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Forests play a crucial part in the climate system of the Earth. They provide unique habitats for fauna and flora, prevent soil erosion and mitigate climate change. Forests are threatened by anthropogenic activities such as farming and logging, with an estimated 46 to 58 thousand square miles of forest loss each year. Unfortunately, at present there is no reliable method of measuring forest biomass and deforestation because of inherent limitations of existing satellite systems (e.g. global heterogeneity in terms of accuracy & resolution) and the rate of illegal activities in remote areas.

This project aims to develop a multi-receiver Synthetic Aperture Radar (SAR) system able to accurately quantify the amount of biomass loss on a worldwide scale by using radar tomography from space. The European Space Agency (ESA) is particularly interested in measuring biomass and has commissioned a P-band radar satellite, Biomass (Figure 1), that will be launched in 2021 [1]. Biomass will have a single receiver, as previous satellites have had. In response to this, this project will study the possibility of using small and less expensive passive radar receivers (e.g. nanosats) as companions of the Biomass satellite. 

The project will address two scientific questions: a) a) what is the quality reduction in tomographic imaging when using small satellites as passive receivers? b) how accurately we can estimate above-ground woody biomass, forest structure and degradation using P-band tomography?

We will use a ground radar system developed by the lead supervisor to perform forest fieldworks in the UK and acquire data that will emulate the future Biomass and companion system.

 Measuring biomass is characterised by a number of difficulties. It has been shown that airborne SAR tomography (SARTom) can potentially offer an elegant solution [2]. SARTom allows to obtain three-dimensional estimates of forests by observing the forest with slightly different look angles. When applied from space, current techniques would take several months to perform the different passes, which means that inevitable changes in forest would impede focusing. Small passive receivers, on the other hand, can potentially allow all the necessary images to be acquired in one single pass. Existing and novel tomographic algorithms will be tested in order to overcome difficulties arising from the use of small receivers (e.g. inaccurate pointing, higher noise level, etc).

ESA Biomass satellite. Credits: Airbus.


In this project, available data from ESA third party airborne campaigns and the Open University ground radar will be used for developing tomographic algorithms for future companion satellites.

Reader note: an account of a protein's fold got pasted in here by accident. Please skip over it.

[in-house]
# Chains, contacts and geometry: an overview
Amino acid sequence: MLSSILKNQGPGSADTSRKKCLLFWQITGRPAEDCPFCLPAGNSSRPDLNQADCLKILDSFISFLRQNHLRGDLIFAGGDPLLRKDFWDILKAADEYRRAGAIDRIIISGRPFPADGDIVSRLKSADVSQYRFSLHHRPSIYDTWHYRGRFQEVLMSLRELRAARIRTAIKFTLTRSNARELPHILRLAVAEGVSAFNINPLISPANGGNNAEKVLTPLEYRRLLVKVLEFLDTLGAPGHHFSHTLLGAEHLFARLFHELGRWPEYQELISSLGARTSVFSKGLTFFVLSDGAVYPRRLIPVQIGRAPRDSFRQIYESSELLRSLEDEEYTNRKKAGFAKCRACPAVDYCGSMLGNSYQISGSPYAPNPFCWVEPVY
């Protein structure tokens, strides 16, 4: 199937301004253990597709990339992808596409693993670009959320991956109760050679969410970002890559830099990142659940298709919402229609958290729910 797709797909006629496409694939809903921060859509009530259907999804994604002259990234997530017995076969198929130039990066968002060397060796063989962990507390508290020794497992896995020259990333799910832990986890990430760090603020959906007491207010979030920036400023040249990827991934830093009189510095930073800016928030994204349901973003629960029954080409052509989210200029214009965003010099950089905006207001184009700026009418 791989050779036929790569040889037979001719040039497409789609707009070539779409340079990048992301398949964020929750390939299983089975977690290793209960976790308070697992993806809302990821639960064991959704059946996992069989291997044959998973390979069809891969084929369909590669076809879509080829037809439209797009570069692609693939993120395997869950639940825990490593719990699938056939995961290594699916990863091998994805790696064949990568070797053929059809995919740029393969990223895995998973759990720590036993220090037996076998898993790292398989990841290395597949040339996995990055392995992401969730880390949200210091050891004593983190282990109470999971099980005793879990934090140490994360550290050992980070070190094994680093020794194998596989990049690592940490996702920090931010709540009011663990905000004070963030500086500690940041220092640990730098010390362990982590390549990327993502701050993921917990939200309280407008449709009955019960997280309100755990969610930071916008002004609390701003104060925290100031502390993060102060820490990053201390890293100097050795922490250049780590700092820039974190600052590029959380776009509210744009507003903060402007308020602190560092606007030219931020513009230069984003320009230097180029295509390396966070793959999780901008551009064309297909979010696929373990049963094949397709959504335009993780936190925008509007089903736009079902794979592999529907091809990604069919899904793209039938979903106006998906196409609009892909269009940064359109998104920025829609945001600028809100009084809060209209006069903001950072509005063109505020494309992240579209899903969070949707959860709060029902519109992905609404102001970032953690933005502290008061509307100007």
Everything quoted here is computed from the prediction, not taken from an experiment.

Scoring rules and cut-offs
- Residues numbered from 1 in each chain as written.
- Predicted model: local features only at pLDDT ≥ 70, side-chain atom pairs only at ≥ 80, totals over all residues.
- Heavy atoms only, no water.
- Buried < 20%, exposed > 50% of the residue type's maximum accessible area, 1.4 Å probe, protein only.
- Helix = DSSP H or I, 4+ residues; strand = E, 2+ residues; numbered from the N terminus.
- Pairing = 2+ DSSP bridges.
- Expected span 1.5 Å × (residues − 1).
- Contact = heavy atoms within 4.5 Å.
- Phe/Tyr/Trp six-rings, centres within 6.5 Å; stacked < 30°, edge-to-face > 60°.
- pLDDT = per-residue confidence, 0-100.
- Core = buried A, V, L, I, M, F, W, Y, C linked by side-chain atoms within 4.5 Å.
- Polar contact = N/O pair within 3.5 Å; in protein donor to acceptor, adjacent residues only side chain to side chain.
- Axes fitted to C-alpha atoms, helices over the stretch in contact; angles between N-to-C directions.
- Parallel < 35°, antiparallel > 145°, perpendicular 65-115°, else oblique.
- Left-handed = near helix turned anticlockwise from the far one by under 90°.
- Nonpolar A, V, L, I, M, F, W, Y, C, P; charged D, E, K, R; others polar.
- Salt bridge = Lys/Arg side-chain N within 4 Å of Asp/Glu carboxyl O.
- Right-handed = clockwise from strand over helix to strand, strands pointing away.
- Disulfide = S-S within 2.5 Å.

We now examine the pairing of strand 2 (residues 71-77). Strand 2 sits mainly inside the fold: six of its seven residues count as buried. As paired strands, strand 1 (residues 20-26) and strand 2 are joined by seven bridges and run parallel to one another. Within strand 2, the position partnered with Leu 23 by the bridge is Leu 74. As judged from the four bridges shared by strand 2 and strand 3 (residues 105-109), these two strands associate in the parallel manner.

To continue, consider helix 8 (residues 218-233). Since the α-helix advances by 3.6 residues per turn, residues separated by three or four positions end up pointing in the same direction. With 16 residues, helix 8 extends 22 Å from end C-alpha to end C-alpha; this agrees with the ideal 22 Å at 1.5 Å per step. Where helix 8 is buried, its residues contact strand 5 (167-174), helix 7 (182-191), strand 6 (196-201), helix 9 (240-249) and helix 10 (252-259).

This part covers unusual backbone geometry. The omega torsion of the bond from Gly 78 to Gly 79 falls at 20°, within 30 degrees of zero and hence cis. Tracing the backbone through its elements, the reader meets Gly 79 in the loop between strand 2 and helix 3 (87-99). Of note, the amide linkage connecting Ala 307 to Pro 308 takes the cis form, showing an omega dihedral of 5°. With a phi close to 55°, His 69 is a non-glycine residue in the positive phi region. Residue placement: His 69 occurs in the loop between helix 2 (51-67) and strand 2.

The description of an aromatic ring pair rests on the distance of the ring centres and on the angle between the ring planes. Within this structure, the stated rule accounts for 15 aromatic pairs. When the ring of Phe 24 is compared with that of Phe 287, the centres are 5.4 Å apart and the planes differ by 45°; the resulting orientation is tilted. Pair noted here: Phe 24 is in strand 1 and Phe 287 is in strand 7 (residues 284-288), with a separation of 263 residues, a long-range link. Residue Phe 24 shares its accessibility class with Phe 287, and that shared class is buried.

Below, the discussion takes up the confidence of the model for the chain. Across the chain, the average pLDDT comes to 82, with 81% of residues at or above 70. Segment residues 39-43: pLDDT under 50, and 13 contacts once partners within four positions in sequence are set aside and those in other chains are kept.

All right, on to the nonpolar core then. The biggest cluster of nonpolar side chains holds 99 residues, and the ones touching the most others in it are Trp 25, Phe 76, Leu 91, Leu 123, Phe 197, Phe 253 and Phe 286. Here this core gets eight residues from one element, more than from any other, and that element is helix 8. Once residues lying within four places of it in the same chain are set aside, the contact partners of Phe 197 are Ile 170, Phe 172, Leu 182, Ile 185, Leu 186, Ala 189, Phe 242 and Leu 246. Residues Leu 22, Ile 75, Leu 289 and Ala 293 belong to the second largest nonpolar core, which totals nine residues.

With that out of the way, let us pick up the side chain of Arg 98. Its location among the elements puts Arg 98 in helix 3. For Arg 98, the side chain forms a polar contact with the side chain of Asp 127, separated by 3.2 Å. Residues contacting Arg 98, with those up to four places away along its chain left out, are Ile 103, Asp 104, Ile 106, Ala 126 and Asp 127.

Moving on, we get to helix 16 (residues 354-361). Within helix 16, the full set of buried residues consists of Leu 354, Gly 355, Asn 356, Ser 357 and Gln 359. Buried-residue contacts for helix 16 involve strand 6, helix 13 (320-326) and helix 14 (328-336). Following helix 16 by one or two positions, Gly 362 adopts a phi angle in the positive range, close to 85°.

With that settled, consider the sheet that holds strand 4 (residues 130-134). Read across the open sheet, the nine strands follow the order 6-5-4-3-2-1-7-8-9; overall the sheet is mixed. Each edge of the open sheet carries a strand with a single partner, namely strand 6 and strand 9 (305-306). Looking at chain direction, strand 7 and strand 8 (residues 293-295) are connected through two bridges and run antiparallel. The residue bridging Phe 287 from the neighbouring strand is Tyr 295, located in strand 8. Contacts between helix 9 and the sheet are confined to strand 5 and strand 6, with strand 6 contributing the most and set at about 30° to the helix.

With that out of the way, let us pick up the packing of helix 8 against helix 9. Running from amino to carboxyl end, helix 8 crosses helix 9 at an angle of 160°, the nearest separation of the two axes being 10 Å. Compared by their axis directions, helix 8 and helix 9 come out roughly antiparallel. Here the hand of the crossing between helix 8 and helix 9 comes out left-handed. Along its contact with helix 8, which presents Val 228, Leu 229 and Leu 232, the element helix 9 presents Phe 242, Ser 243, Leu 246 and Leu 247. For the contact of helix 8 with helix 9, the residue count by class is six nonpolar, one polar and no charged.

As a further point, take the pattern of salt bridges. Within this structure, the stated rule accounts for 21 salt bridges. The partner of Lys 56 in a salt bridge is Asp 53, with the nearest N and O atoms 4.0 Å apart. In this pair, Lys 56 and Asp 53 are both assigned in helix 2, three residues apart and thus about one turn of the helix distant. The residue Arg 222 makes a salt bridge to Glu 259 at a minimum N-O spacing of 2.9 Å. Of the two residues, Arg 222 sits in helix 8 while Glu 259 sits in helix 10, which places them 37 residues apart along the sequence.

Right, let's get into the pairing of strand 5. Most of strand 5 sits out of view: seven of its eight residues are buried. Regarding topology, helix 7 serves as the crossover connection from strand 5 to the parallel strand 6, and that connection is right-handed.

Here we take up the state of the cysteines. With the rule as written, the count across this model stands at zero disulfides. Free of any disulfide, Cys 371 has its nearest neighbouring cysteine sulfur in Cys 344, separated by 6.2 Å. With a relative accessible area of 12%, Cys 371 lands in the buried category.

The project consists of two main stages:

1) Emulating data from companion satellites by degrading the quality of airborne or ground data. Known radar tomographic algorithms (e.g. Fourier, Beamforming, Capon, MUSIC, and filtered back-projection) will be tested to assess the performance of forest structure and biomass retrieval using companion satellite acquisitions.

2) Modifying the known algorithms and developing novel tomographic techniques for overcoming the weaknesses of traditional algorithms when used on data acquired by companion satellites.

Training and Skills

NERC CENTA students are required to complete 45 days training throughout their PhD including a 10 day work placement. In the first year, students will be trained as a single cohort on environmental science, research methods and core skills. Throughout the PhD, training will progress from core skills sets to master classes specific to CENTA research themes.

This is a multi-disciplinary project including topics related to (a) Earth Observation; (b) radar; (c) forestry; (d) data handling and programming.

The successful candidate will gain valuable skills in the context of: (a) analysing and processing satellite data using computational software; (b) developing mathematical methodology; (c) using Geographical Information Systems (GIS) software.


Year 1: Literature review on the topics of microwave scattering from forests, tomographic techniques and nanosats. Applying known tomographic techniques to airborne radar data. Acquiring tomographic data with the ground radar.

Year 2: Developing new tomographic techniques for companion satellites.

Year 3: Analysing the results of the new techniques and estimating the quality of biomass retrievals when using companion satellites.

Partners and collaboration (including CASE)

This project will consider a collaboration with the University of Edinburgh.


Further Details

Students are expected to have a strong background in Engineering and Physical Sciences or related subjects, combined with enthusiasm for research, data processing and associated travelling. Experience of programming (e.g. Matlab, Python, etc) is desirable. The student will join an established team researching Earth Observation at the Open University.

Please contact Dr Armando Marino for further information (e-mail: armando.marino@open.ac.uk).

Applications should include:

Applications should be sent to


by 5 pm on Monday 22nd January 2018